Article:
Book Cover

Democratic
Capitalism,  The Way to a World of Peace and Plenty
by Ray Carey

Hard/Softcover/Kindle - 5 May, 2004, Available on Amazon.com

Ray Carey presents the theory and practice of democratic capitalism by coupling his experience with a synthesis of the thought of Adam Smith, Karl Marx, and John Stuart Mill.  The empirical evidence is clear: democratic capitalistic companies produce superior results, and nations that support economic freedom and keep money neutral improve the lives of their people.


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CCDC Blog

Two reviews of Ray Carey's book, Democratic Capitalism, The Way to a World of Peace and Plenty

Updated on December 2, 2014

One of the themes of this work is that the educational community has not examined the available capitalist alternatives. For this reason, despite its superior benefits, democratic capitalism has grown too slowly.

This disinterest in capitalist alternatives prompted me to write Democratic Capitalism, the Way to a World of Peace and Plenty. A book by an ex-CEO with such a bold sub title, however, had little appeal for university professors.

Among the reviews that were written, one was by Julia Sneden, long time ‘Resident Observer” at Senior Women Web (May 2005) with a headline commending the book as “fascinating, important, erudite, a book that leads the reader through the history and development of capitalism making a clear case for what needs to be done in the future.”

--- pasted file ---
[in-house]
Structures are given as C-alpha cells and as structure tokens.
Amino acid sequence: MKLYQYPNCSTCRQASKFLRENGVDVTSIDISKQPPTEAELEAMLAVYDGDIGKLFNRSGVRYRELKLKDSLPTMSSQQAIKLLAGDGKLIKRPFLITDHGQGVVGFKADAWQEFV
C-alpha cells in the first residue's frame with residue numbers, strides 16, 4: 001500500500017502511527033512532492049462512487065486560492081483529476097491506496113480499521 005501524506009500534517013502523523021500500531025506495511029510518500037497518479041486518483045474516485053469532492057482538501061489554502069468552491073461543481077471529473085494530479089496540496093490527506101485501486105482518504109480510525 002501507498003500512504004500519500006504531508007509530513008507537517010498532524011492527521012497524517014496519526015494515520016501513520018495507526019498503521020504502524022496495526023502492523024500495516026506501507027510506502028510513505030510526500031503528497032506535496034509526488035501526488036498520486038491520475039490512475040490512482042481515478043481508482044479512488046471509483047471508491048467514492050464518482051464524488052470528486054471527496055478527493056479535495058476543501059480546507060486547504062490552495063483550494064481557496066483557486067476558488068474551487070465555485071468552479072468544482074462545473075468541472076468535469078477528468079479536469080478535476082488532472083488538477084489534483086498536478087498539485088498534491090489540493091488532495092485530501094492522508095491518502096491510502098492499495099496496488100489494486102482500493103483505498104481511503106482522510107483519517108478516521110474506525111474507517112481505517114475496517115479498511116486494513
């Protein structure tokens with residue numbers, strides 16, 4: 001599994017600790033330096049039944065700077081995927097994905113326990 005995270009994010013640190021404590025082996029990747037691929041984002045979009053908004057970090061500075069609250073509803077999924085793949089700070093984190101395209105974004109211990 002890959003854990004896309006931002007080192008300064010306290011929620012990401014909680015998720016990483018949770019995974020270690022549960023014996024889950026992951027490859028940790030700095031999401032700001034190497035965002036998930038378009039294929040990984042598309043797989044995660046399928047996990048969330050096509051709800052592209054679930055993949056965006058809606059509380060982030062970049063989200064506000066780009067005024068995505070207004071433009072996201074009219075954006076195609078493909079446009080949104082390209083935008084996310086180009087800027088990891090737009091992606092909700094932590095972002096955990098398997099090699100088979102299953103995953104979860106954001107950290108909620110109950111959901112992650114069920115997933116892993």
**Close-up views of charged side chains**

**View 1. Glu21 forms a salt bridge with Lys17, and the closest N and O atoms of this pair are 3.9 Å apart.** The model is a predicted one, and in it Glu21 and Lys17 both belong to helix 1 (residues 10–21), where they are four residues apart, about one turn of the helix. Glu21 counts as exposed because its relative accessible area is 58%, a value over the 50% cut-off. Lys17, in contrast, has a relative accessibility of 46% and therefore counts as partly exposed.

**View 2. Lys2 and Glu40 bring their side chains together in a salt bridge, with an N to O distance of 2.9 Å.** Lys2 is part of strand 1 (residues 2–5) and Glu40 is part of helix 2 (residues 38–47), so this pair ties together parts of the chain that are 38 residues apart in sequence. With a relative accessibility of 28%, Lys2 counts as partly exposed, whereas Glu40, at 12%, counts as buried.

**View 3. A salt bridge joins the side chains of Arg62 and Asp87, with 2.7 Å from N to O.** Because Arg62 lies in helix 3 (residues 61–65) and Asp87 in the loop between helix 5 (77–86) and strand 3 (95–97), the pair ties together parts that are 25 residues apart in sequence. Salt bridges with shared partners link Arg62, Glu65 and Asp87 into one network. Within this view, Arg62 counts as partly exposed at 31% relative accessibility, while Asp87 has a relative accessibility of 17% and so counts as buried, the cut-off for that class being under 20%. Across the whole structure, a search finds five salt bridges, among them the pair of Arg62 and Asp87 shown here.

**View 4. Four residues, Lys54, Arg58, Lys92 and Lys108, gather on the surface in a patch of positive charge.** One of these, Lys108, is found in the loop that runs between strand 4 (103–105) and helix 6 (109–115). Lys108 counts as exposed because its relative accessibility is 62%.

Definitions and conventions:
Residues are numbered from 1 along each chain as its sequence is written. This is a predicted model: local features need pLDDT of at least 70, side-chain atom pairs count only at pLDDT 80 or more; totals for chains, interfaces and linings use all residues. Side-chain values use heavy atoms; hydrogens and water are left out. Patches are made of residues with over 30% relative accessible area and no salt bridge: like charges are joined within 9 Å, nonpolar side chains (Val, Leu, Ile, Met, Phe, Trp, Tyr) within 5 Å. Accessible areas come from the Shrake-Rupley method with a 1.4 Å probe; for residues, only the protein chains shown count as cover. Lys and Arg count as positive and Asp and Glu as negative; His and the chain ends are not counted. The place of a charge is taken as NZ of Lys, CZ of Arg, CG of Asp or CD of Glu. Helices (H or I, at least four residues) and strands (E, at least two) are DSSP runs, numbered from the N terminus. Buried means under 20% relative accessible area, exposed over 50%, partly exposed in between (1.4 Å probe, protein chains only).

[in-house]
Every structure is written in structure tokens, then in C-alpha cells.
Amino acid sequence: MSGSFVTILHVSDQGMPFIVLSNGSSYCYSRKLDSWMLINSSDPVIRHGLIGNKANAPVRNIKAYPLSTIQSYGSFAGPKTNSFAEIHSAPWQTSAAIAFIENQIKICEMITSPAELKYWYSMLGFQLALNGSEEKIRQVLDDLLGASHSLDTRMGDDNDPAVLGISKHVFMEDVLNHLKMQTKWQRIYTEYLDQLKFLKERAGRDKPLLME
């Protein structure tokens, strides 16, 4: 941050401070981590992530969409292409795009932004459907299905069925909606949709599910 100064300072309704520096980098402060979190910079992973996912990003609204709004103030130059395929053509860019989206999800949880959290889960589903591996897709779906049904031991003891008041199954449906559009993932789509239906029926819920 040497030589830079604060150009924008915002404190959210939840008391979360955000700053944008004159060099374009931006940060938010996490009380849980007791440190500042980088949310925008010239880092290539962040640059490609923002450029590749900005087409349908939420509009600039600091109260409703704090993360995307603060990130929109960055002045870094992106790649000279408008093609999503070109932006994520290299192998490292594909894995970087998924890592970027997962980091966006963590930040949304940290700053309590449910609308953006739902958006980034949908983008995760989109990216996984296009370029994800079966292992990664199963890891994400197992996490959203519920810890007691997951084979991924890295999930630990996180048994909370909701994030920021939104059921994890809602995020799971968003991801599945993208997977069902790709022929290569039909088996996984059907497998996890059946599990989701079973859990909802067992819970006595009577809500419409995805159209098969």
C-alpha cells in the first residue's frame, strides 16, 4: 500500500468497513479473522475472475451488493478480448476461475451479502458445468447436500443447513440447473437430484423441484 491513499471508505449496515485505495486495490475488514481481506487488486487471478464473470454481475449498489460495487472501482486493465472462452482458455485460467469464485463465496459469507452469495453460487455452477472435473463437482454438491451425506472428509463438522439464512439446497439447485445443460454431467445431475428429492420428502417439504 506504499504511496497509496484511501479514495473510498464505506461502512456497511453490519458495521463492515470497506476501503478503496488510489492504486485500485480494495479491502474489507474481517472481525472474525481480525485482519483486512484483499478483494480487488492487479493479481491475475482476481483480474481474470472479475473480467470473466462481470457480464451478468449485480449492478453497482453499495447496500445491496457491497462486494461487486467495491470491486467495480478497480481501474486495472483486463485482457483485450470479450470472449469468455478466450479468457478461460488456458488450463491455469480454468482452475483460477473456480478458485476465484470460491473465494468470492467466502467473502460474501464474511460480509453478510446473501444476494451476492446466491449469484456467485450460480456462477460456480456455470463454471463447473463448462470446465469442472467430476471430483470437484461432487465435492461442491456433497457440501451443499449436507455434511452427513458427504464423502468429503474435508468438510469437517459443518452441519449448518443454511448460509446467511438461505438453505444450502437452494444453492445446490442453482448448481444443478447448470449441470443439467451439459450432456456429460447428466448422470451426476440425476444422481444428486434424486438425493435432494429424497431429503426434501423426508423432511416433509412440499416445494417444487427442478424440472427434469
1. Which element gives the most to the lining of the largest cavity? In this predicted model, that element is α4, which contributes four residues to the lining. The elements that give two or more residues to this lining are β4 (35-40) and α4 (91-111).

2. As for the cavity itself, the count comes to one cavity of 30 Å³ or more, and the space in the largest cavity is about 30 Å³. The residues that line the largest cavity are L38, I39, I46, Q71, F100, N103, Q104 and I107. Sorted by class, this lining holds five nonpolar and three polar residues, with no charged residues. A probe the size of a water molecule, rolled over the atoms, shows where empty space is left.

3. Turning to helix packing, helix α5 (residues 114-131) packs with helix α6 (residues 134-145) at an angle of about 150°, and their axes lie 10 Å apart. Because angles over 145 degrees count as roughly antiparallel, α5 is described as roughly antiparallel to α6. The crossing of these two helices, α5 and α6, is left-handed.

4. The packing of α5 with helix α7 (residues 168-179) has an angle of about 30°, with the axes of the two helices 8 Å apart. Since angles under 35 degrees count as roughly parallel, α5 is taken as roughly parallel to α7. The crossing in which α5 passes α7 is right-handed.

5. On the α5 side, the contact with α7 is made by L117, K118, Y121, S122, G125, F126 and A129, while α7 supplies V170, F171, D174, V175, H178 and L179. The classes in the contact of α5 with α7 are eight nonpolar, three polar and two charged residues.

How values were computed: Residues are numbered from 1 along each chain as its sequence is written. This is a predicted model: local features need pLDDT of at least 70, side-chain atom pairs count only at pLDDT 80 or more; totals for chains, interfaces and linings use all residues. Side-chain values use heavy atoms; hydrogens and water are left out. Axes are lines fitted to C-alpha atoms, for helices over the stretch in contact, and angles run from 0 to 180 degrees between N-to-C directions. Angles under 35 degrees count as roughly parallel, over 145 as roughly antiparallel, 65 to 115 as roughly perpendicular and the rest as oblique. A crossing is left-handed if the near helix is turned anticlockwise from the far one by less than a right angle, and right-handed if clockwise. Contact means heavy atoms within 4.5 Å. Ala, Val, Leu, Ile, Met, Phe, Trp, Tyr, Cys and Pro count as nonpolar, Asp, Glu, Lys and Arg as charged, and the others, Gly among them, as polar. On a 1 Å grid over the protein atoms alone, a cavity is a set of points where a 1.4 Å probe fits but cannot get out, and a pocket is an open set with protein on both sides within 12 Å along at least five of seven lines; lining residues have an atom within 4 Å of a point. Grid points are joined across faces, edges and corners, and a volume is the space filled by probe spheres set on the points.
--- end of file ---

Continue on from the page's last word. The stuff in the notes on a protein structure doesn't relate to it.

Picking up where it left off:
Another review by Keith Wilde, fellow of CACOR (Committee for Monetary and Economic Reform 2005 Comer Publications) summarized that the book is “ unusual and unusually important, the most comprehensive and persuasive case yet for the idea of broad ownership and the best account of mechanisms for achieving it.”

These two reviews appear below, one by a person with no economic background but an interest in human progress, the other by a Ph. D. with unique understanding of capitalist alternatives.

Democratic Capitalism is still not being examined as the alternative to exploitive capitalism with its unemployment and stagnant wages. Most citizens know from experience that something is fundamentally wrong but they need broader education to understand solutions. Julia Sneden concludes her review with this suggestion: “Democratic Capitalism is an important book. When you’ve read the book, you might want to consider sharing it with your Congressman or Senator, who would probably thank you for it.”

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